In April 1864, Mountain Home was again involved with Civil war violence when a group of jayhawkers attacked the town. Much of the town was damaged or destroyed, including the Mountain Home Male and Female Academy.[8]

Post Civil War through the 1920s[edit]

In 1893, the Mountain Home Baptist college, known as "The Gem of the Ozarks", opened. It operated for 40 years, offering education in French, Greek, Shorthand and typing as well as teacher training. Most of the money required to open it was raised locally. It closed occasionally due to lack of funds. In 1901, it became part of the Ouachita Baptist University system. In 1916 it became the flagship of the schools operated in Arkansas by the Southern Baptist Convention. By 1927 there were 265 students and a 7000 volume library. In 1927, funding was withdrawn to support a more centralized school in Conway and by 1933, the school was closed. The library was donated to the local public library and public schools and the dormitories became housing for the Dam builders.[11] In 1901, the Baxter Bulletin was established and continues to operate today.

The Great Depression[edit]

The Great Depression hit the area hard, causing many local farmers to lose their land and leave. A series of natural disasters also caused hardship in the area including the Flood of 1927 and the drought of 1930–31. Cotton had been one of the main crops in the area before this, but the drought ended production of cotton in Baxter county and it never truly resumed. Residents received some relief from New Deal programs such as the Federal Emergency Relief Agency (FERA) and the Civilian Conservation Corps. The Works Progress Administration transformed transportation in the area throughout the 1930s and 1940s.[8]

The New Deal[edit]

The programs of the New Deal era allowed Mountain Home to modernize its courthouse. The decision to do this was hotly contested and in a vote to decide if the funds should be approved, 731 voted for the new courthouse and 592 voted against. Most of those against the new courthouse were from the Cotter area which had tried several times to move the county seat to their town.[12] The current courthouse was completed and dedicated on August 13, 1943, the old building having been destroyed two years earlier.[13] The WPA also built two dams in the area during this time. The Norfork Dam was built in the town of Norfork about 18 miles south east of Mountain Home. This dam was completed by 1944. An average of 815 were employed building the dam, providing a much needed economic boost to Mountain home and the surrounding area.[14] In addition to flood control, the Norfork Dam boosted tourist interest in Baxter County and made Mountain Home a more attractive destination than Cotter for the first time, and Mountain Home began to surpass its riverfront neighbor in population and industry. A second dam had been built in the town of Bull Shoals in nearby Marion County.[15] This meant Mountain Home was situated between two large lakes and within an easy drive to one of the most famous destinations for fishing in the country at that time. Tourism would shape the economy of Mountain Home moving forward. President Harry Truman was the keynote speaker at the dedication of the dams on July 2, 1952.[8]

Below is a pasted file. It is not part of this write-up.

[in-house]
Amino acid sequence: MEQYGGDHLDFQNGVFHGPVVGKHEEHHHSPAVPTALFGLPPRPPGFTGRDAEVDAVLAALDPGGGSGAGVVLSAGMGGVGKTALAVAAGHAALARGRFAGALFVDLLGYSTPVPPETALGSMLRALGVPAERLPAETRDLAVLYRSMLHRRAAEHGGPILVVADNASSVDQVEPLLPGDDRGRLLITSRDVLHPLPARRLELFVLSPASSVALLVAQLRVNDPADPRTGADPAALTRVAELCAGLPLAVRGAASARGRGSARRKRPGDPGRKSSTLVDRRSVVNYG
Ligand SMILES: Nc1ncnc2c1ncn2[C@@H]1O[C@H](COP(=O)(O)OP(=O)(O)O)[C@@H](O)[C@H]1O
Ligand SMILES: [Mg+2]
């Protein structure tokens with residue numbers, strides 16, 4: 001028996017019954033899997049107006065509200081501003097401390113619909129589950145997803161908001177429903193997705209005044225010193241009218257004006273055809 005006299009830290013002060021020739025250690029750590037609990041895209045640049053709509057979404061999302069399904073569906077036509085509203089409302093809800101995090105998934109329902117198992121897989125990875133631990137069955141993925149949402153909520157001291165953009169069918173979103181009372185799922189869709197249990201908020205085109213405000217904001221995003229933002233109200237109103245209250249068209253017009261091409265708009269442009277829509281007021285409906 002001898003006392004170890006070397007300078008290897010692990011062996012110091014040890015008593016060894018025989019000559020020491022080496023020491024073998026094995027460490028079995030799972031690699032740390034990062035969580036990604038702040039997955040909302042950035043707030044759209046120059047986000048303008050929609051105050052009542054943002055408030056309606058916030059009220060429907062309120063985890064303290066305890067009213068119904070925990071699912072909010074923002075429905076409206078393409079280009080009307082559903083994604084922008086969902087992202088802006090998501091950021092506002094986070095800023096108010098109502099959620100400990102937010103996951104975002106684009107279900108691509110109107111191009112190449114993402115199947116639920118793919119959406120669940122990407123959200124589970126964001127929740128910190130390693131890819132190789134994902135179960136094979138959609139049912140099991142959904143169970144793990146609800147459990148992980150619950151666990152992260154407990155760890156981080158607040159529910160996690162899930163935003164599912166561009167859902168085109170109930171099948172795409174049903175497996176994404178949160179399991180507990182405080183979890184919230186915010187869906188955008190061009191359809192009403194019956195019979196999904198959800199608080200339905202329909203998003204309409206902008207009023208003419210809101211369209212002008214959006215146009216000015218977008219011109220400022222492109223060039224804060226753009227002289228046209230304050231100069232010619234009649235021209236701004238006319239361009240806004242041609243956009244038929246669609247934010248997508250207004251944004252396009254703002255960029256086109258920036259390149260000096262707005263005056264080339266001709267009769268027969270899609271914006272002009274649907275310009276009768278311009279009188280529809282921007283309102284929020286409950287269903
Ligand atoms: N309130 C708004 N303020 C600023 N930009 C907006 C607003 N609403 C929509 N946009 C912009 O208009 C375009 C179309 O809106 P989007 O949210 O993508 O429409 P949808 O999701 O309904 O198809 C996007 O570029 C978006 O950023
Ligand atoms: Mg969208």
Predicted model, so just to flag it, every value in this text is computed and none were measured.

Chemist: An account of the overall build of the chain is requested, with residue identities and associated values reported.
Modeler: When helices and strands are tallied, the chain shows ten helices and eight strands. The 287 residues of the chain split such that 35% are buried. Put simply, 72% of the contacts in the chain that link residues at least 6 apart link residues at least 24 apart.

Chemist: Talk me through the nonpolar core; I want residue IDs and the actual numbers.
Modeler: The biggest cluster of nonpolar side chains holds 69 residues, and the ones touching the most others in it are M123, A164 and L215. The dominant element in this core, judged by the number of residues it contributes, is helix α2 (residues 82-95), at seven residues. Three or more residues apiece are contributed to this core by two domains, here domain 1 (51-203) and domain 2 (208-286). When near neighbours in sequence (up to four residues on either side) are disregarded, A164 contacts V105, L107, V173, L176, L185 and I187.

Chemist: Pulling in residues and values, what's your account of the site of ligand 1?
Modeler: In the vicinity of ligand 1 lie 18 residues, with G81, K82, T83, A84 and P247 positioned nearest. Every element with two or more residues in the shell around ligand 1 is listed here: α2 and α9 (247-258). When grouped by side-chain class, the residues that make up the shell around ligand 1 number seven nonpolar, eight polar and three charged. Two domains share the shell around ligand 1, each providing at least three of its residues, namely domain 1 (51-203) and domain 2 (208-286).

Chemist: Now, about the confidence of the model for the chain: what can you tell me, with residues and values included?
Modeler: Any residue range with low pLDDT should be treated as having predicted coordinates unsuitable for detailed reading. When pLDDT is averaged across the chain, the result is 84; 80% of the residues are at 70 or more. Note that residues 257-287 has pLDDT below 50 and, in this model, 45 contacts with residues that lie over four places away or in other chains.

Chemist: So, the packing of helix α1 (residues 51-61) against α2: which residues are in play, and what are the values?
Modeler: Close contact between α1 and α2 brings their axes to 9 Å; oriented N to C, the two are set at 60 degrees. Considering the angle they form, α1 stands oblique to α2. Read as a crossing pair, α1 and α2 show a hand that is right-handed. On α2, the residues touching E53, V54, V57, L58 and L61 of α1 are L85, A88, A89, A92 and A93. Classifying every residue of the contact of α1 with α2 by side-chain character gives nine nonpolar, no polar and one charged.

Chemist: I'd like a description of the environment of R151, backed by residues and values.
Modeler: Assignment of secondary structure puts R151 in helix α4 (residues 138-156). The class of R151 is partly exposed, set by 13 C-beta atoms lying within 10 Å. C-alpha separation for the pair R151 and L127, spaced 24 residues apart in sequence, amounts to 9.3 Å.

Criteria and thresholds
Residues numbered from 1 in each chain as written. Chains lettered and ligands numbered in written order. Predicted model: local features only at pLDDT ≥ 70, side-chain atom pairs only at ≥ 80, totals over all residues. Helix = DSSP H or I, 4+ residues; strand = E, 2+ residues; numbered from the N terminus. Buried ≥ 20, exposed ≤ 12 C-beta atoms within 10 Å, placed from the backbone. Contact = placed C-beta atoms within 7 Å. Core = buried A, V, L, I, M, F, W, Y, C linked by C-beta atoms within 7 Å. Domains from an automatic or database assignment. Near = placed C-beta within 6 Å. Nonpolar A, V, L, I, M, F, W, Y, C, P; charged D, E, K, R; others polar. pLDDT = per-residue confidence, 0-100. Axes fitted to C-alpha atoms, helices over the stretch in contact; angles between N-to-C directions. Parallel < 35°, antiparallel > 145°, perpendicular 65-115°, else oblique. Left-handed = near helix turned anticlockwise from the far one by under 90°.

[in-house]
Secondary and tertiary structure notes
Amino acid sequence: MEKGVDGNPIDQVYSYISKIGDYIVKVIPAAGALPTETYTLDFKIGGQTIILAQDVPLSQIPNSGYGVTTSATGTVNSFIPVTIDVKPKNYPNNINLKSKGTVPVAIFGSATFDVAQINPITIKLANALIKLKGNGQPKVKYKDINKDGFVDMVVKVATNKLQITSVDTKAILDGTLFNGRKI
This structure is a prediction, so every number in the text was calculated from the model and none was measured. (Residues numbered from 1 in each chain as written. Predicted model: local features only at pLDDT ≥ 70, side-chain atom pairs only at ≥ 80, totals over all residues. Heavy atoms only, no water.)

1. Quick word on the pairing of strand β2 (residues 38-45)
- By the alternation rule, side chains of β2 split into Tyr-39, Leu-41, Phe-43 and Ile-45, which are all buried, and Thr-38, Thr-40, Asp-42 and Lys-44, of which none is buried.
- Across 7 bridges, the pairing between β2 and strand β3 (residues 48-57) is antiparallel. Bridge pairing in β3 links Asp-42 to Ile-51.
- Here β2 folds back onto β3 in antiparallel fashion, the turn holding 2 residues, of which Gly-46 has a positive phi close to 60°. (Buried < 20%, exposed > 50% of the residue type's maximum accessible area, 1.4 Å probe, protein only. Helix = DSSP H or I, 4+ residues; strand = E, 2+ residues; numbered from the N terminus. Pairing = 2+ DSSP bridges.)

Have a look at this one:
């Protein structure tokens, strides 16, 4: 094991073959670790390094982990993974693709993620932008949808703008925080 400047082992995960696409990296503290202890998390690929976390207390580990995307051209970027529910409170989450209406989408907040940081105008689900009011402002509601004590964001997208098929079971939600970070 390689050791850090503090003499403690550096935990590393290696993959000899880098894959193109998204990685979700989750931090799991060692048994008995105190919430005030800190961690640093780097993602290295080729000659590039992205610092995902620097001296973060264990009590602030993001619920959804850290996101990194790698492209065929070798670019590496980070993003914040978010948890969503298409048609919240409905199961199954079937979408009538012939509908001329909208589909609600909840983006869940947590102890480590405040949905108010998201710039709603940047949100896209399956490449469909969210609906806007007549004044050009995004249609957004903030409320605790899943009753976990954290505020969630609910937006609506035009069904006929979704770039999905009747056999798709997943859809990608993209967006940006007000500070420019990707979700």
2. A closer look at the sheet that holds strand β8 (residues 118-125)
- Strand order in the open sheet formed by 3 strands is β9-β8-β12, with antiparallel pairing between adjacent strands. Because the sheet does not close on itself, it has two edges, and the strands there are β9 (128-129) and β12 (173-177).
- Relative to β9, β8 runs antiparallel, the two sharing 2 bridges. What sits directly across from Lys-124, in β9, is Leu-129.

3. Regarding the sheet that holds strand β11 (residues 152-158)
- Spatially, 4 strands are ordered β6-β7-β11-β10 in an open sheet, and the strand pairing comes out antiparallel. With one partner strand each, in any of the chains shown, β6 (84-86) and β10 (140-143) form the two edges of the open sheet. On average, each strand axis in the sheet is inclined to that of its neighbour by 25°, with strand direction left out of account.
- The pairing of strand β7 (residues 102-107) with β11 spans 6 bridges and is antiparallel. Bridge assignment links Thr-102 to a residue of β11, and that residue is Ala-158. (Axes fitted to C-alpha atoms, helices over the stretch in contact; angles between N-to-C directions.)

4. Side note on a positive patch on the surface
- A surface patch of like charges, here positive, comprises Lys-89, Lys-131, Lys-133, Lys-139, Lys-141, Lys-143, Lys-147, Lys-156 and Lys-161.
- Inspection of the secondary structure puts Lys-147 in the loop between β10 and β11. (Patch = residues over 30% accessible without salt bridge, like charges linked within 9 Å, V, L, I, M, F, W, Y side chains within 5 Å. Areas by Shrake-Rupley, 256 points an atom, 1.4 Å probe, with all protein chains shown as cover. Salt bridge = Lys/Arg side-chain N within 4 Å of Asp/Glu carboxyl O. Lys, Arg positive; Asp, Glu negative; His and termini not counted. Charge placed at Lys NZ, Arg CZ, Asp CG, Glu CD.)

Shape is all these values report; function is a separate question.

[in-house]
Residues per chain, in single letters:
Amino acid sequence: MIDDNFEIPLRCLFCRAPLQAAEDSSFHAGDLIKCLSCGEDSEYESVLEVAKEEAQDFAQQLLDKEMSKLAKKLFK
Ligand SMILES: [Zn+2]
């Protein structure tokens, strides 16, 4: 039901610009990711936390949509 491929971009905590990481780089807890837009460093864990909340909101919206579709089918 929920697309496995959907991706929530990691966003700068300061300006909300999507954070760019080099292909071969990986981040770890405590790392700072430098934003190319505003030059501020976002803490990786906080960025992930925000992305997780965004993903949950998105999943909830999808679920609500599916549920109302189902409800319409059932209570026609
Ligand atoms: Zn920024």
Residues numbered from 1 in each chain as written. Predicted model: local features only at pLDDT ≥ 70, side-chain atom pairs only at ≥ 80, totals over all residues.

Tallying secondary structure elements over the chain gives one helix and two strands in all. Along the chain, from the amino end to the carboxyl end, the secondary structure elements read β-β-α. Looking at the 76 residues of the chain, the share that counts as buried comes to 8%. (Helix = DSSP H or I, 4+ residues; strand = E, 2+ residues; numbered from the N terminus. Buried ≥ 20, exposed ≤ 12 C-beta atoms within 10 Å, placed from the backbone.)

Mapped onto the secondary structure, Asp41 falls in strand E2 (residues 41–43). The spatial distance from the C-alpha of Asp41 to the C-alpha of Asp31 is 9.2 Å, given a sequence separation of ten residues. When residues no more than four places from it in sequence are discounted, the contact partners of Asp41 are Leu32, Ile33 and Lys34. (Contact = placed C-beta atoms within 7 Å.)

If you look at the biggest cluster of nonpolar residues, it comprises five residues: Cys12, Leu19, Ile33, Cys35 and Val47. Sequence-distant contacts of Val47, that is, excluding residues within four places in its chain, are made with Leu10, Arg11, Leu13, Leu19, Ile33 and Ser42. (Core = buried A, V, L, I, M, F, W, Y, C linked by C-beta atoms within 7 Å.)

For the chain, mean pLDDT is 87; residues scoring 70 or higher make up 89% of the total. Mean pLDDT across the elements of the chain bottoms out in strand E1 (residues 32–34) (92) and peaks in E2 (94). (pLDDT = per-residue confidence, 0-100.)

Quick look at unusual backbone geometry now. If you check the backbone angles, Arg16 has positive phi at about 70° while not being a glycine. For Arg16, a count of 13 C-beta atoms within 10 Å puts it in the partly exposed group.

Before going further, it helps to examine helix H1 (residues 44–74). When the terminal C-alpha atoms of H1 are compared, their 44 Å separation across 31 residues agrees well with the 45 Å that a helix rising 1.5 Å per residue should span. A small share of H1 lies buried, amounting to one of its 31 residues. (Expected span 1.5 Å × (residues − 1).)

The construction of these two dams was a time of tremendous growth for the formerly isolated community of Mountain Home. Streets were paved and Electricity became common in average households. A trout fishery was built at the base of the Norfork Dam, attracting still more tourists.


Mountain Home is located in northern Arkansas at 36°20′10″N 92°22′56″W / 36.33611°N 92.38222°W / 36.33611; -92.38222 (36.336248, -92.382279).[16] It is the center of the Twin Lakes area, with Norfork Lake 15 minutes to the east and Bull Shoals Lake 20 minutes to the northwest. It is located within the Ozarks mountain range, in the Salem Plateau region.